Recent events have made many to think and others to react. We see organizations hiring “experts on racism issues,” bookstores selling large amounts of books on racism, schools and universities desperately requesting conversations and workshops on racism and white supremacy. Churches suddenly want to have conversations on racism, sermons written about racism, Bible studies focused on white privilege. Today, everyone is scrambling to learn about racism!
If an outsider would view what is happening today, they would see a country in a state of panic. A country that suddenly found themselves face to face with a monstrous racism that for centuries they had carefully built and protected, and like good Americans, must quickly eliminate so that it does not disrupt our life.
The notorious individualism of American culture priding itself on its achievements is once again challenging individuals and corporations with the history of slavery, the genocide of Native Americans, and constant obstacles to immigrants who didn’t meet the standards imposed by white supremacy. No matter what economic level can be achieved, what scientific advances may be obtained, our individualistic culture has not been able to cope with the legacy that was (sadly) institutionalized in the past.
Today, we don’t see literal slave markets on the main streets. We don’t read any more of the laws that allowed this malefic institution to be visible as it happened between 1648 and 1865. Today the markets have different names, are promoted differently, yet they continue to exist and are backed by laws and regulations not necessarily written on paper, but written in the DNA of a nation that has been carefully passed down from generation to generation.
Today, we don’t see entire Indigenous nations being forcibly removed from their homeland to inhospitable places because the land and its riches are to be used and enjoyed by a race that considers itself superior. As with slavery, it is very difficult to face the broken treaties and the thousands of deaths of people classified as savage and ruthless.
American history was written and protected by those in power, without consulting the other side. Why would we want to tell the story of the vanquished? Our country needs a host of victories, triumphs, and achievements because that feeds national pride, gives courage and a sense of security.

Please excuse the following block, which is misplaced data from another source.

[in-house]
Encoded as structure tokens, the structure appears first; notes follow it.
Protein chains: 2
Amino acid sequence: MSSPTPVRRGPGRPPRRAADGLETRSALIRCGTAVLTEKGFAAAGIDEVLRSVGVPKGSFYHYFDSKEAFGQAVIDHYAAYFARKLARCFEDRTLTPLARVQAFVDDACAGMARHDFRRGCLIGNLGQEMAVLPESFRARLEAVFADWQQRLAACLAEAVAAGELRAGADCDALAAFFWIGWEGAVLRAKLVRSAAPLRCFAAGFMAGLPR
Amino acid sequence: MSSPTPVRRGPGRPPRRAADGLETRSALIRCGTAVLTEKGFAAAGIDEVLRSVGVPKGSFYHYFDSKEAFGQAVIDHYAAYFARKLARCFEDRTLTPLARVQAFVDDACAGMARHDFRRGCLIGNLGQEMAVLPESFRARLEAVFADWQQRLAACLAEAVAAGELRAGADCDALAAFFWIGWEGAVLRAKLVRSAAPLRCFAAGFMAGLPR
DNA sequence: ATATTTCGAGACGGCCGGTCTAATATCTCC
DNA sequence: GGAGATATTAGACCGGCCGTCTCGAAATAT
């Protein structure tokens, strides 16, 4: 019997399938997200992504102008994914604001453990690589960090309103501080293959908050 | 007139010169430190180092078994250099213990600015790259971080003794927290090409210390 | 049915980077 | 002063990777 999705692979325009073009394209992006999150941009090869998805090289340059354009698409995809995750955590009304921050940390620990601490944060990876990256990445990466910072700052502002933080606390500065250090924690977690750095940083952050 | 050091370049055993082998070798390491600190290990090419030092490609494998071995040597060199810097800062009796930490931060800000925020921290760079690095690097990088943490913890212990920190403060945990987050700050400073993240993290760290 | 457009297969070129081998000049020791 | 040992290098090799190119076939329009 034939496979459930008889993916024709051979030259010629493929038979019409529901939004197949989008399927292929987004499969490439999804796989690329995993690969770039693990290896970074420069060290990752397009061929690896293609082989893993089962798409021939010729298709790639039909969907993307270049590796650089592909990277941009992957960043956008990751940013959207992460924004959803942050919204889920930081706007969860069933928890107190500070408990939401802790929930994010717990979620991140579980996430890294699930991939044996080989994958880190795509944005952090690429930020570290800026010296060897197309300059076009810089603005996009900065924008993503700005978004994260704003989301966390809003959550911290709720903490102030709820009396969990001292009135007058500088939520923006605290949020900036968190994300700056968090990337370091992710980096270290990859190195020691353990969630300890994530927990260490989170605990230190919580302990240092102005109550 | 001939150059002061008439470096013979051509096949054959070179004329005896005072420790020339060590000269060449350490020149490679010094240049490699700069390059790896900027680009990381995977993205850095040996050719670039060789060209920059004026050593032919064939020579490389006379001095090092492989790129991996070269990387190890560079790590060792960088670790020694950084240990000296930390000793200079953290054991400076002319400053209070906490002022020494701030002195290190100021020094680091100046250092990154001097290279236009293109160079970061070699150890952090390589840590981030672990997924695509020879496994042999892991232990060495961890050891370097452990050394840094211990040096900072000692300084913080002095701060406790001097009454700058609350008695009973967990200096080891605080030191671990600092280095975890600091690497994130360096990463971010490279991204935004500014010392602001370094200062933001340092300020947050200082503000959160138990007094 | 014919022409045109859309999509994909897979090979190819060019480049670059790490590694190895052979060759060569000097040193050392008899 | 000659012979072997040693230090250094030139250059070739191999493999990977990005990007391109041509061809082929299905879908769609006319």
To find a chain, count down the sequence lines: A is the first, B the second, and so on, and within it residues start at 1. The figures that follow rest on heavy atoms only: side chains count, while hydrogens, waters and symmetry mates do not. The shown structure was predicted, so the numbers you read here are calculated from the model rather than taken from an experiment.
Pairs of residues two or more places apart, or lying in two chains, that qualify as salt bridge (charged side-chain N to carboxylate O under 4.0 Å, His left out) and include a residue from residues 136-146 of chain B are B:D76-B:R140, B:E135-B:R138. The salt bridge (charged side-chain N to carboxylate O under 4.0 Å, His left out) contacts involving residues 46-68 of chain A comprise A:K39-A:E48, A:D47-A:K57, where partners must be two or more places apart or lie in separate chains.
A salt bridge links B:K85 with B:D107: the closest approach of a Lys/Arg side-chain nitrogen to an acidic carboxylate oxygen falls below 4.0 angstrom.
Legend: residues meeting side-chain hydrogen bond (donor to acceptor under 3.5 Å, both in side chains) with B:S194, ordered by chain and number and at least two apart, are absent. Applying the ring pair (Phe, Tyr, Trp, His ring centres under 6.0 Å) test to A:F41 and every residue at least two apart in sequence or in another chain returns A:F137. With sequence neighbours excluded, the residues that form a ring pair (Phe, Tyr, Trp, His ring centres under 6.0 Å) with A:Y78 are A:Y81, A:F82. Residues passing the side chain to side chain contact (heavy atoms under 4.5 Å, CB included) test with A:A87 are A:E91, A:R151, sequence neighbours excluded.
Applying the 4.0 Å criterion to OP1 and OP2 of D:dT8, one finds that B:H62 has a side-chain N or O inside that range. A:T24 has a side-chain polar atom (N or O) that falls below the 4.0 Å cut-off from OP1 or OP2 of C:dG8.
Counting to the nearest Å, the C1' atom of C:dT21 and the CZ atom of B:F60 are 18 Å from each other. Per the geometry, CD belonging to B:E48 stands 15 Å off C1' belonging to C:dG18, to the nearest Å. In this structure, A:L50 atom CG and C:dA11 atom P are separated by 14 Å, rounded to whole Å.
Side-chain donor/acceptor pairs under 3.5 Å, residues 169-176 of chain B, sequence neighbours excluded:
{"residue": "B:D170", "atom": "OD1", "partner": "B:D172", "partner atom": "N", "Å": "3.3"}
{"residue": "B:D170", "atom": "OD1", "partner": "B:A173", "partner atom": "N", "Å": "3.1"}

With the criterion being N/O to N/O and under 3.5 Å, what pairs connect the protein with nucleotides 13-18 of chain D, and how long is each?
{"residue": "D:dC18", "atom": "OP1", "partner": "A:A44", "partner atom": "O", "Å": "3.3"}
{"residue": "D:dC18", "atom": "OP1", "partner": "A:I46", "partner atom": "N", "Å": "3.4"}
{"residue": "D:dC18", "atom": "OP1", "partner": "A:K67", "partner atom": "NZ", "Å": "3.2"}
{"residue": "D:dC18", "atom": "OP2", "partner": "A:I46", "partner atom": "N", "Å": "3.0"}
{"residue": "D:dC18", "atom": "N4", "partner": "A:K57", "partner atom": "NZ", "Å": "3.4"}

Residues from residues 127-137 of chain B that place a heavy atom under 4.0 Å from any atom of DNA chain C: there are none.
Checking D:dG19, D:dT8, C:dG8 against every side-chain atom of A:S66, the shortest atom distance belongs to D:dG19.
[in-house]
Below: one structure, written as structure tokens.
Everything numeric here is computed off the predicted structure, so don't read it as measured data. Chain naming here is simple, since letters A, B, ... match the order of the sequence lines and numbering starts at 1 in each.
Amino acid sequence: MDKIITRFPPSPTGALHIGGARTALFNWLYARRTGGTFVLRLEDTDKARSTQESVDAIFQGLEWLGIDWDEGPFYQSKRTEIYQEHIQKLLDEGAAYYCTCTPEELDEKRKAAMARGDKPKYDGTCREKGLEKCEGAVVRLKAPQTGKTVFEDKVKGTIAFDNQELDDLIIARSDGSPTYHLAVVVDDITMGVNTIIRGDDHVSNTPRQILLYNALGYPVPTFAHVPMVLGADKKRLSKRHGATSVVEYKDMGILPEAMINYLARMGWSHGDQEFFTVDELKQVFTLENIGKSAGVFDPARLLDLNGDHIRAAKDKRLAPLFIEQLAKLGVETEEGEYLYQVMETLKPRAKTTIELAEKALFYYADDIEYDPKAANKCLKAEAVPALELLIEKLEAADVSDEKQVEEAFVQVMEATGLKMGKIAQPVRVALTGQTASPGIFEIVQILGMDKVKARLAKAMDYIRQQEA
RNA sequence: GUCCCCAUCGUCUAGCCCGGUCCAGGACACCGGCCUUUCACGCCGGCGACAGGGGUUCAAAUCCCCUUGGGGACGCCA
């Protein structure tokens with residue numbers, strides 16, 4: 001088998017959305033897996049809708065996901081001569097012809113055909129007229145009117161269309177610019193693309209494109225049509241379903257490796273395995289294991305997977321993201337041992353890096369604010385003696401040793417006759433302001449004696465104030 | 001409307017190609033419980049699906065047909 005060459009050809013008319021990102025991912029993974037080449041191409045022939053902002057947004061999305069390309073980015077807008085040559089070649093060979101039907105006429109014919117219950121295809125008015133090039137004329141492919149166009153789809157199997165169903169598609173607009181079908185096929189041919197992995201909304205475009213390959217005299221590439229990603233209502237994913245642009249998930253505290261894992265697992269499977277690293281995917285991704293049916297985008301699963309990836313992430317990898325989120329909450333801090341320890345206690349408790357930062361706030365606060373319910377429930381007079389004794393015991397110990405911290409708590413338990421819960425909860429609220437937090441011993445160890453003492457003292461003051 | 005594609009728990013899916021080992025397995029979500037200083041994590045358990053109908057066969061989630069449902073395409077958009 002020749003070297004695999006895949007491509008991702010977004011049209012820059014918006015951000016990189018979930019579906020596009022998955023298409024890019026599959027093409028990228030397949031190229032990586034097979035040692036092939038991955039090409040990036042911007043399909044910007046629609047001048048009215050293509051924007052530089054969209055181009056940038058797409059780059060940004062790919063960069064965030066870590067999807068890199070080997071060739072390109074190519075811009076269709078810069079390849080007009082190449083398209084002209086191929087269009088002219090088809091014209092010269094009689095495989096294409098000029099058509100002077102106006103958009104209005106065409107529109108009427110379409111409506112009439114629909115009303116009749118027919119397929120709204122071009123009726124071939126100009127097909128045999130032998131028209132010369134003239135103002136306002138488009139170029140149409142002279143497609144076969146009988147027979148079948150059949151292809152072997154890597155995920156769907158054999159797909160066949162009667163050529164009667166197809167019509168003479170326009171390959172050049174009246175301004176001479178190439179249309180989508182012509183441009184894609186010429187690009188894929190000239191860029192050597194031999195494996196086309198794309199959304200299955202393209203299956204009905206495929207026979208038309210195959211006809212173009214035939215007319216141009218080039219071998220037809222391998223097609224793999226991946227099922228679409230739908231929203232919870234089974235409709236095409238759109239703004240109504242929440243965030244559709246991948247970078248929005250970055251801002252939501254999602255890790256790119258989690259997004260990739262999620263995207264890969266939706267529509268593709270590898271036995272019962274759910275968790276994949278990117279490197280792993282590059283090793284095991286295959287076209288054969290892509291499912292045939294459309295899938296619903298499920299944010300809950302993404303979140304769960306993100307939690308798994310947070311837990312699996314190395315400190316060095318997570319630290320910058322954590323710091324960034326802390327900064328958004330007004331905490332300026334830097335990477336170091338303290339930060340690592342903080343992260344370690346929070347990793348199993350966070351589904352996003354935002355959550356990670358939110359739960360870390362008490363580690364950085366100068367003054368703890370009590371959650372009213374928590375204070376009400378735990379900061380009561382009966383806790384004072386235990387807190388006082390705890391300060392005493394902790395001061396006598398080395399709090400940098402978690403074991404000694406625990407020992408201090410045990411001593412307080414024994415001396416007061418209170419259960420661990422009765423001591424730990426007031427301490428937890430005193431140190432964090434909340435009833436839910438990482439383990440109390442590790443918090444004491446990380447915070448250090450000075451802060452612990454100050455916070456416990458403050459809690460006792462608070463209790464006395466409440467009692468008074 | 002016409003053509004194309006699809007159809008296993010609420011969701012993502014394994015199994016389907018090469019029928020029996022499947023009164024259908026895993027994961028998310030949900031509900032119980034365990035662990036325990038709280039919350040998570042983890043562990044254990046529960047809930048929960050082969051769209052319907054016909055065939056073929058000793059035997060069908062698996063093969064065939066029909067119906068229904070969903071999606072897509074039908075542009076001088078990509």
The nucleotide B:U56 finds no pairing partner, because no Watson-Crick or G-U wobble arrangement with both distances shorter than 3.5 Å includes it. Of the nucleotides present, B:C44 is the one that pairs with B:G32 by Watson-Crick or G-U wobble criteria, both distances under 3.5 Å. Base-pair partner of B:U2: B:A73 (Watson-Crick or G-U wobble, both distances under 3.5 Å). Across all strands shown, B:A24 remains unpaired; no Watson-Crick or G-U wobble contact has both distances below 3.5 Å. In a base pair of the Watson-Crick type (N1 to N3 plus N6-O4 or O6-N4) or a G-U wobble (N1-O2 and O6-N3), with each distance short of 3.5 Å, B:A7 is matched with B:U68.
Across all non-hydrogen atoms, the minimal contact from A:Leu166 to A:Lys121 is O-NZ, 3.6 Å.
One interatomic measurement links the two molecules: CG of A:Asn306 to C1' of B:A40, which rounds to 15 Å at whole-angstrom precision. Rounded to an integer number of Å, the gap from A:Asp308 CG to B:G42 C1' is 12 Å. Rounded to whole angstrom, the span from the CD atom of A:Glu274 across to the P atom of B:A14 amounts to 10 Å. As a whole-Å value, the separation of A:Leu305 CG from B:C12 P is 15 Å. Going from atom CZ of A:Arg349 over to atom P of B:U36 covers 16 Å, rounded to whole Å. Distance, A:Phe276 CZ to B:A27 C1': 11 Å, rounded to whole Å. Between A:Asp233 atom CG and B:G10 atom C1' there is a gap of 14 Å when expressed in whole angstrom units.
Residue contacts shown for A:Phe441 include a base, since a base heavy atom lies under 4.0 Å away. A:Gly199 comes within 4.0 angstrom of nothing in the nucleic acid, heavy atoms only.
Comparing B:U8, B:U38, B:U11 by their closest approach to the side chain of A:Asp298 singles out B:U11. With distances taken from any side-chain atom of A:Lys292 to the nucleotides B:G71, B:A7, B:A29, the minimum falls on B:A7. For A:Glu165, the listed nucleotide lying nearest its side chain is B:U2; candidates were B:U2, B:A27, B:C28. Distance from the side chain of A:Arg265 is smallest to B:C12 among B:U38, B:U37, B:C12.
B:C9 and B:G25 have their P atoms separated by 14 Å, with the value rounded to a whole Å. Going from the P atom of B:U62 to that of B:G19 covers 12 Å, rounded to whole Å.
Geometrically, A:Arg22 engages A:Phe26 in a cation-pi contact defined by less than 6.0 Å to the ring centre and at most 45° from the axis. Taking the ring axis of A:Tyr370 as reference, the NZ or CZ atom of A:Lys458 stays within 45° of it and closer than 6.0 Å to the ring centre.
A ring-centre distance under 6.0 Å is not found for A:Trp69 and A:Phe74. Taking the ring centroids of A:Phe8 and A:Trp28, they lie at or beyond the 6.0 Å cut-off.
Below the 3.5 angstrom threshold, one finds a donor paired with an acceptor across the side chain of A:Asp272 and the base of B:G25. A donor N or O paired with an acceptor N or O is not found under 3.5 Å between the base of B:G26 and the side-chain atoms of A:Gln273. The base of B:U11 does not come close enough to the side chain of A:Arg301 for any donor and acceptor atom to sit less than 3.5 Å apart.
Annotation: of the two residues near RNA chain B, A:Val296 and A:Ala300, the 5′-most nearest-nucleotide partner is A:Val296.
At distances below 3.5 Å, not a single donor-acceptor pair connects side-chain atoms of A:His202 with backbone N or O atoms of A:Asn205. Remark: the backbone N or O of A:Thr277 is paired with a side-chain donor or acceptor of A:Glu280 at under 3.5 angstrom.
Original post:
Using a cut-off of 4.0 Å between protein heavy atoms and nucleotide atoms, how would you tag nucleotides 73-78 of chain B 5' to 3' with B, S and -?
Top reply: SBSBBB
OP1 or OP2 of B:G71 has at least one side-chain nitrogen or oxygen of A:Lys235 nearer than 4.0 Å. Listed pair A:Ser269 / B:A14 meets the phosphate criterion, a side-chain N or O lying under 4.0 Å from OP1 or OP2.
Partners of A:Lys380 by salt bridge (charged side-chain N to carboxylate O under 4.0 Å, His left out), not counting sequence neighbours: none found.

For generations, we have learned the official account of historical events, which has benefited and privileged a certain group of people and crushed others. How can we now face a reality accumulated over centuries? If we confront this reality, we run the risk of seeing our castles, built in the air, collapse and that is absolutely unthinkable.
Why is the individualistic American culture suddenly so desperate to learn about racism and white privilege? Is it perhaps, that we’re finally ready to face the evil monster of racism and deal with what was carefully created and protected for centuries?
Is the CRC ready to confront and deal with the monster of racism that was carefully protected for all these years, causing pain and trauma in the lives of so many people in the past and even today in the present?
For more than 25 years, the Office of Race Relations has been working, educating, promoting, raising awareness about racism and its consequences, but feeling we needed to fight to survive and keep the ministry going because for many, racism does not exist in the church. If racism does not exist in the church, why then is everyone suddenly wanting to talk about it?
If society, organizations and churches, and specifically our denomination wants to honestly face and deal with racism, it needs to ask itself if it is ready for the first step: meet our past. If not, the church must pray for that. Without this first step, everything else is nothing but noise.
The title of this post is a phrase by Winston Churchill